3

I have a file where each line starts with a unique identifier, for example:

$ cat source.txt
aaa text
bbb text
ccc text
ddd text
eee text

I am trying to use fgrep with the option -f to save lines that contain identifiers listed in another file (lets call it "list.txt") into a new file:

fgrep -f list.txt source.txt > new.txt

The problem is that some of the identifiers in the "list.txt" are repeated, for example:

$ cat list.txt
aaa
ccc
ccc
ccc
eee
eee

Here, grep is treating each of these repeated identifiers as if it was listed only once, giving me a result like this:

$ cat new.txt
aaa text
ccc text
eee text

Instead, I would like to save the lines containing identifiers repeated in the list.file the exact amount of times those identifiers are repeated. In this case the preferable end result should be:

$ cat new.txt
aaa text
ccc text
ccc text
ccc text
eee text
eee text

Is there some easy trick to force grep to stop treating the repeated identifiers as if they were listed only once? Alternatively, is there a different way to obtain the result I want without using grep, for example with awk?


For better visualization of the problem, here is an actual line from source.txt:

head -n 1 source.txt | cat -T
GCF_000005825.2_WP_003320558.1 MULTISPECIES: IS21-like element helper ATPase IstB [Bacillaceae]^IMNEQIQAYAKRLKLSWIRENFNQIEAETNEEYLLKLFEKEVQNREERKVNLLLSQAQLPKTGSTPFQWEHIQIPQGIERTAVINGDFIKERENLILYGGVGTGKTYLATLLSLNAIHRFGSQVKFYTVAGLVNKLIEANQKNTLPKLMKQIEKLDLLILDELGYIPLNKEGAELLFQVISMCYENRSIVITTNLQFGQWNHVFGDPILTEAVIDRLIHHSHLLVFKGDSFRYKESLLHQ

And this would be a matching identifier for it:

GCF_000005825.2_WP_003320558.1
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  • 1
    I would be surprised if you could do this simply with grep. When grep considers a line, the line either matches or not, thus respectively it gets printed or not. Jul 11, 2022 at 14:26
  • 1
    For your lexicographically ordered example above, you could simply use join list.txt source.txt Jul 11, 2022 at 15:50

2 Answers 2

2

Here's one way to do with awk (assuming source.txt isn't too big to run into memory issues).

$ awk 'NR==FNR{a[$1]=$0; next} $0 in a{print a[$0]}' source.txt list.txt
aaa text
ccc text
ccc text
ccc text
eee text
eee text
  • NR==FNR{a[$1]=$0; next} this builds an array with first field as key and entire input line as the value (for the first file, which is source.txt in this case)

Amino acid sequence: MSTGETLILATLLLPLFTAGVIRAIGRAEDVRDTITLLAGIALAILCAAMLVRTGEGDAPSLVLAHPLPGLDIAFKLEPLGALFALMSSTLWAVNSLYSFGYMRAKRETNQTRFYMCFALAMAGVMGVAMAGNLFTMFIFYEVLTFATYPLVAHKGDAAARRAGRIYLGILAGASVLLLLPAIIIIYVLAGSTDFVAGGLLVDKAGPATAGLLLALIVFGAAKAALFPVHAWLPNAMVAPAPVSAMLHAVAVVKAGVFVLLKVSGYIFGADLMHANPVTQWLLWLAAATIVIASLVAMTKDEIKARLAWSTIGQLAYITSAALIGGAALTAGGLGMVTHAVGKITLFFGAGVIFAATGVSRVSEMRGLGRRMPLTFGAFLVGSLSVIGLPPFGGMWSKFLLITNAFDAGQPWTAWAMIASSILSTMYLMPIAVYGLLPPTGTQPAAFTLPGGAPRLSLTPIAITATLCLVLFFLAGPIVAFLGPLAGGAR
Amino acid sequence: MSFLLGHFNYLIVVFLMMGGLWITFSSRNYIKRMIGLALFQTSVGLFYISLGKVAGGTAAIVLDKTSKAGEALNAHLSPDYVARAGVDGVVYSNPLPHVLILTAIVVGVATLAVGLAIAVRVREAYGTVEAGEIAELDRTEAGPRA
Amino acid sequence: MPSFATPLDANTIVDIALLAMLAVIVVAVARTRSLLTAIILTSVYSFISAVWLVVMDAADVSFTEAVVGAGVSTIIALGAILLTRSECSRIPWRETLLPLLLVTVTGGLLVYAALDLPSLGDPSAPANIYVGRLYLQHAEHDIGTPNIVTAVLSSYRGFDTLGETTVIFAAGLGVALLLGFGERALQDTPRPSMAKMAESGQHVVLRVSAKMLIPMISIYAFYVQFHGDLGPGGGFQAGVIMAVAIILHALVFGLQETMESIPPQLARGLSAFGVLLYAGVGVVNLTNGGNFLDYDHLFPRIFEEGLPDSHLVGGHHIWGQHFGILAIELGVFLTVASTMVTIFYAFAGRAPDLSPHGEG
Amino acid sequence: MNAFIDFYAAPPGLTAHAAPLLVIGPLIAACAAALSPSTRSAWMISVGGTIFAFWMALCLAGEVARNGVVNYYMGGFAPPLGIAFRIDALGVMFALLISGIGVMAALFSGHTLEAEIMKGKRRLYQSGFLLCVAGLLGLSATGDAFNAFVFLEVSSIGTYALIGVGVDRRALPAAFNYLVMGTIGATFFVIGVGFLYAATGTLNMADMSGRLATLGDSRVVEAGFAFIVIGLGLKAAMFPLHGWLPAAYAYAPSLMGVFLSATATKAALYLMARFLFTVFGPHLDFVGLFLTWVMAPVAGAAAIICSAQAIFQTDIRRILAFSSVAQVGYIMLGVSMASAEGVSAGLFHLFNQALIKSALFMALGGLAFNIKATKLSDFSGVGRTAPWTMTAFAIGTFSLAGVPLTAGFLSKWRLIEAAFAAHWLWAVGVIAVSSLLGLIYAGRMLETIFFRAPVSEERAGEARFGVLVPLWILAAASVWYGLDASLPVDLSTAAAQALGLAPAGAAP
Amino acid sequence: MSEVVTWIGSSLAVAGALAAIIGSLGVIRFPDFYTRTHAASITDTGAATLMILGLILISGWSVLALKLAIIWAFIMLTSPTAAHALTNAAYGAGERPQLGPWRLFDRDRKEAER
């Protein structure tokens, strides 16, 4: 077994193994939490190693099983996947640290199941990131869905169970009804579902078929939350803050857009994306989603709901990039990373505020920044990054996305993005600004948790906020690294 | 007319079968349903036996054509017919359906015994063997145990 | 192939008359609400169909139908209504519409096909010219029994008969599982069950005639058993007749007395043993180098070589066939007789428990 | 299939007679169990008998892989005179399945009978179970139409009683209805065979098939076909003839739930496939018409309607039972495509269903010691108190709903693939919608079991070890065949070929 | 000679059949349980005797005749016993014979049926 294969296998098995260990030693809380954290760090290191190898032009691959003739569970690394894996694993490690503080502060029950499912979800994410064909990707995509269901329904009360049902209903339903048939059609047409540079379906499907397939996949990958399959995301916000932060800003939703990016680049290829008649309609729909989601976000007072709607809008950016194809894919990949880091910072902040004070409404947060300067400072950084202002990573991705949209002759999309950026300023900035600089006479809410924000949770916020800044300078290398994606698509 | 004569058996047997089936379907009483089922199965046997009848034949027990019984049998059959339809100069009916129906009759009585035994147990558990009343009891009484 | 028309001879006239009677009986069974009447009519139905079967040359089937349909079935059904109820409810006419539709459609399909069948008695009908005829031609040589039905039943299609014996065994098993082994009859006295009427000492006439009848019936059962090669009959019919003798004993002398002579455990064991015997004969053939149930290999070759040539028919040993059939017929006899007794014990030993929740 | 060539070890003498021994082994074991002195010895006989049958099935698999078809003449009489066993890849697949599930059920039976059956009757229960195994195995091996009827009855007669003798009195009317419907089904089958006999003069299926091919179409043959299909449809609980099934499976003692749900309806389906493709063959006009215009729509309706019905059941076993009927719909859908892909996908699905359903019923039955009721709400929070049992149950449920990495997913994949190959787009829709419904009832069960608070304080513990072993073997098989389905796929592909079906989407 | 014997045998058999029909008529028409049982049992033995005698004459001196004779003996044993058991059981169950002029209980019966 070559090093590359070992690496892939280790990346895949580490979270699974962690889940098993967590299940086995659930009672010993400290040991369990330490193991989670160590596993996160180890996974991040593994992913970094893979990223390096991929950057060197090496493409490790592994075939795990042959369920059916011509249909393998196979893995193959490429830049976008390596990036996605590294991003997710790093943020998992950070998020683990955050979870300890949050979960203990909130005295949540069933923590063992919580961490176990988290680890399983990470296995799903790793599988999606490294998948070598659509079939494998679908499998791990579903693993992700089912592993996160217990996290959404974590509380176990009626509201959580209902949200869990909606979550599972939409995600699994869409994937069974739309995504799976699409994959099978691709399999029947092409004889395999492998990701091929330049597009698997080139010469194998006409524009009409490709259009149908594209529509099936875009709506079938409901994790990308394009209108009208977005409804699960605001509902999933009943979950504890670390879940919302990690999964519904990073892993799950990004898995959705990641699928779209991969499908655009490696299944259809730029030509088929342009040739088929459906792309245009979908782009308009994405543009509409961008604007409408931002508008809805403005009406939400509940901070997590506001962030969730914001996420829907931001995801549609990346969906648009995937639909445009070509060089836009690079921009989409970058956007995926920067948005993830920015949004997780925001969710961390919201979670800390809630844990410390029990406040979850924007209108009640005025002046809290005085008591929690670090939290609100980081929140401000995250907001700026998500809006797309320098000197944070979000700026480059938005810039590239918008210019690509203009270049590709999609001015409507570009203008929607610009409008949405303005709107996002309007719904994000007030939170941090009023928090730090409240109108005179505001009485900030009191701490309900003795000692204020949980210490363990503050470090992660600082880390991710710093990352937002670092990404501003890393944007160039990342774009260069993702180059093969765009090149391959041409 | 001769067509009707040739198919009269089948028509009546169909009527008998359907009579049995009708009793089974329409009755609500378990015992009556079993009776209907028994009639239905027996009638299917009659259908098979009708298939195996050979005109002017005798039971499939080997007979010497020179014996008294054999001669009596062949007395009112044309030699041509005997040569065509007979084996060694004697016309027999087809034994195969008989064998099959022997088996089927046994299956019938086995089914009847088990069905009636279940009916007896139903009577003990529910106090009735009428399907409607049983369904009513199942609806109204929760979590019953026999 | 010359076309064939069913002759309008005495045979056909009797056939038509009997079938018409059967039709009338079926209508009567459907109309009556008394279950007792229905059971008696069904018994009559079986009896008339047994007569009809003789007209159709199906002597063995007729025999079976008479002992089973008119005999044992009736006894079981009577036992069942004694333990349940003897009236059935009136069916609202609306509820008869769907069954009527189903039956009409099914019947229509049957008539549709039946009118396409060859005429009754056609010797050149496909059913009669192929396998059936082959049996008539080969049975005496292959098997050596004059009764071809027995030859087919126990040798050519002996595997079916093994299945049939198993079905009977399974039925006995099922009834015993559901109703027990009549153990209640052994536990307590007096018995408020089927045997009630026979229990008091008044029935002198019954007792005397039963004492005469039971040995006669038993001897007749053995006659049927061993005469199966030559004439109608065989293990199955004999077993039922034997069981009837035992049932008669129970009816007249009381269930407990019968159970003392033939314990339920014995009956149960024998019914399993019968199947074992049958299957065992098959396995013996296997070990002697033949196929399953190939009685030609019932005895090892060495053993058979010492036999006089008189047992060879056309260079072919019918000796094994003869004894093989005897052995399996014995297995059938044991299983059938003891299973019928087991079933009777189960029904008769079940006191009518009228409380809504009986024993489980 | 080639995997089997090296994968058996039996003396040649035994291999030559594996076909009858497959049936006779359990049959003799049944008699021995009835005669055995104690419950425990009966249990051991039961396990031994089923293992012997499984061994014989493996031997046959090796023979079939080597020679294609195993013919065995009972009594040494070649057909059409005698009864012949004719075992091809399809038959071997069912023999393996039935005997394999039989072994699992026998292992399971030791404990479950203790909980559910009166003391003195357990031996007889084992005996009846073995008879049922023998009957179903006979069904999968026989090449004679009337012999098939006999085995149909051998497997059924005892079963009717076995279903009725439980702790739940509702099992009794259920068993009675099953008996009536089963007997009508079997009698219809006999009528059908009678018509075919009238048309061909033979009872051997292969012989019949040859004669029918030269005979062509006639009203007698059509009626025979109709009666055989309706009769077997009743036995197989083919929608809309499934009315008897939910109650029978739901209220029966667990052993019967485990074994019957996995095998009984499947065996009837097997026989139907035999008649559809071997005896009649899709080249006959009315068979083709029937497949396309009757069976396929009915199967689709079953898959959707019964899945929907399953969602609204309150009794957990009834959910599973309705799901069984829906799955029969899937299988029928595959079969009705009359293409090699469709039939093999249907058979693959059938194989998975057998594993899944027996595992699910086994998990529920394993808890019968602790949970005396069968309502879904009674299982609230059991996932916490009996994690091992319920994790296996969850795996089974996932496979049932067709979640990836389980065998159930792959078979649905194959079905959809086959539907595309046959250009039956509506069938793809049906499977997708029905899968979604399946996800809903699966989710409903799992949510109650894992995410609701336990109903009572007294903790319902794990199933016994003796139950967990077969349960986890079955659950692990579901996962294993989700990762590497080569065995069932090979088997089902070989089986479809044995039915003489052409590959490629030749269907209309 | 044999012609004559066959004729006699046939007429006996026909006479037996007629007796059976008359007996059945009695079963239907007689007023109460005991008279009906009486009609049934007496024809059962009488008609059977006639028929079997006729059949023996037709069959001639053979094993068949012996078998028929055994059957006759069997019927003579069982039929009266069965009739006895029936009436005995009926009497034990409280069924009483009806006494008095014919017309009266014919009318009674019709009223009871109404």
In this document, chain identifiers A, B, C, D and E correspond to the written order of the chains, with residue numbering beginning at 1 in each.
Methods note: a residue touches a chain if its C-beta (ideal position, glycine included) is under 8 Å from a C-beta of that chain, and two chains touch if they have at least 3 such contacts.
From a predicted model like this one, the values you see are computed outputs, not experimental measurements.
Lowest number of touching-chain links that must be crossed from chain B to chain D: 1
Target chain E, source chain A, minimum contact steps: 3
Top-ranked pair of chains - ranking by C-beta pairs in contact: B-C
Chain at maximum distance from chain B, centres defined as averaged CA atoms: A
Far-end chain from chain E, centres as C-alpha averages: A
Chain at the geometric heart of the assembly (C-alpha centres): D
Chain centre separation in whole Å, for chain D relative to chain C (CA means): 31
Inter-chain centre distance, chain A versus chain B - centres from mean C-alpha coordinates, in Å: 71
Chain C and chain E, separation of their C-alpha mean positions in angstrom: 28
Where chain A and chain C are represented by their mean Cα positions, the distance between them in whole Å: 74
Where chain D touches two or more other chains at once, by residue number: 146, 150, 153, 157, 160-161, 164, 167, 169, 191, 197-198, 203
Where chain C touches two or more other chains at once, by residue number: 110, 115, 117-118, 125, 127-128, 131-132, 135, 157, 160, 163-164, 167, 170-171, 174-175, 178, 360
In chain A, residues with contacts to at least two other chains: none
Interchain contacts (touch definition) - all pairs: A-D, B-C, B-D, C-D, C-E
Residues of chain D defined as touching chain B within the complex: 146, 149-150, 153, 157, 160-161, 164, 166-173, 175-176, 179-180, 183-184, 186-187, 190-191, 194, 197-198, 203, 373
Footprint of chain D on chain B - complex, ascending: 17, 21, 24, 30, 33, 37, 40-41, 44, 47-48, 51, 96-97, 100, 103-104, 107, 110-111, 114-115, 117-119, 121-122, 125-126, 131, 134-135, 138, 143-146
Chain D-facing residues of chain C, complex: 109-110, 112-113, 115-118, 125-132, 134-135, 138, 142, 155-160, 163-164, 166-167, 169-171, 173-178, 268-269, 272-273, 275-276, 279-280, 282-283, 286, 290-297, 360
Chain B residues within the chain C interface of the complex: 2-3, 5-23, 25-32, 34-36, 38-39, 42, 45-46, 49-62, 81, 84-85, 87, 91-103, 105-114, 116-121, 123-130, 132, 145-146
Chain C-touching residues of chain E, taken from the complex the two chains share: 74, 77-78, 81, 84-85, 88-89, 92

• $0 in a{print a[$0]} when list.txt file is being processed, each line is checked if it is present as a key in array a and the corresponding line is printed

Here's a modified solution that should perform better memory wise (assuming lines in source.txt have exactly two fields and separated by single space).

awk 'NR==FNR{a[$1]=$2; next} $0 in a{print $0, a[$0]}'

Instead of saving entire line, only second field is saved in the array. While printing, the key is prefixed.

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  • 1
    Thank you! Works like a charm even though the files are indeed a bit large.
    – 6april
    Jul 12, 2022 at 11:15
  • If your input files are indeed sorted as shown in the samples. If so, I'd be interested to know how join list.txt source.txt performs (as mentioned in comments under your question), should be better imo. I've also added an alternate solution that might suit your large inputs better.
    – Sundeep
    Jul 12, 2022 at 13:03
  • 1
    I tested join but it took noticeably longer than your first proposed solution. Interestingly, it would do the work just fine if not for the fact that it exchanged the tabs that were present in each line with normal spaces, which I need in the next step of my workflow. I now edited my post to show how my real data looks like. The second solution unfortunately doesn't work due to the formatting of the data.
    – 6april
    Jul 13, 2022 at 8:59
1

Another approach, using xargs to do the heavy lifting.

$ grep -v "^$" list.txt | xargs -I{} grep "^{} " source.txt
aaa text
ccc text
ccc text
ccc text
eee text
eee text
$
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  • 1
    Thank you, this works in principle, but with my full file sizes - source.txt has 49 million lines and the different list.txt files have minimum 6 million lines each - takes unfortunately way too long (I tested this also with fgrep). I should have mentioned the sizes to make it clear that this could pose an issue...
    – 6april
    Jul 12, 2022 at 11:13
  • That's doing a partial-line regexp match when a full-field string match is required so it'd output false matches. See stackoverflow.com/questions/65621325/… for more info on the various types of "pattern" matching.
    – Ed Morton
    Jul 12, 2022 at 12:11
  • Good points. Slow if millions of lines. And I've done an edit, to try address the partial-line regexp aspect, thanks for highlighting it.
    – steve
    Jul 12, 2022 at 17:07

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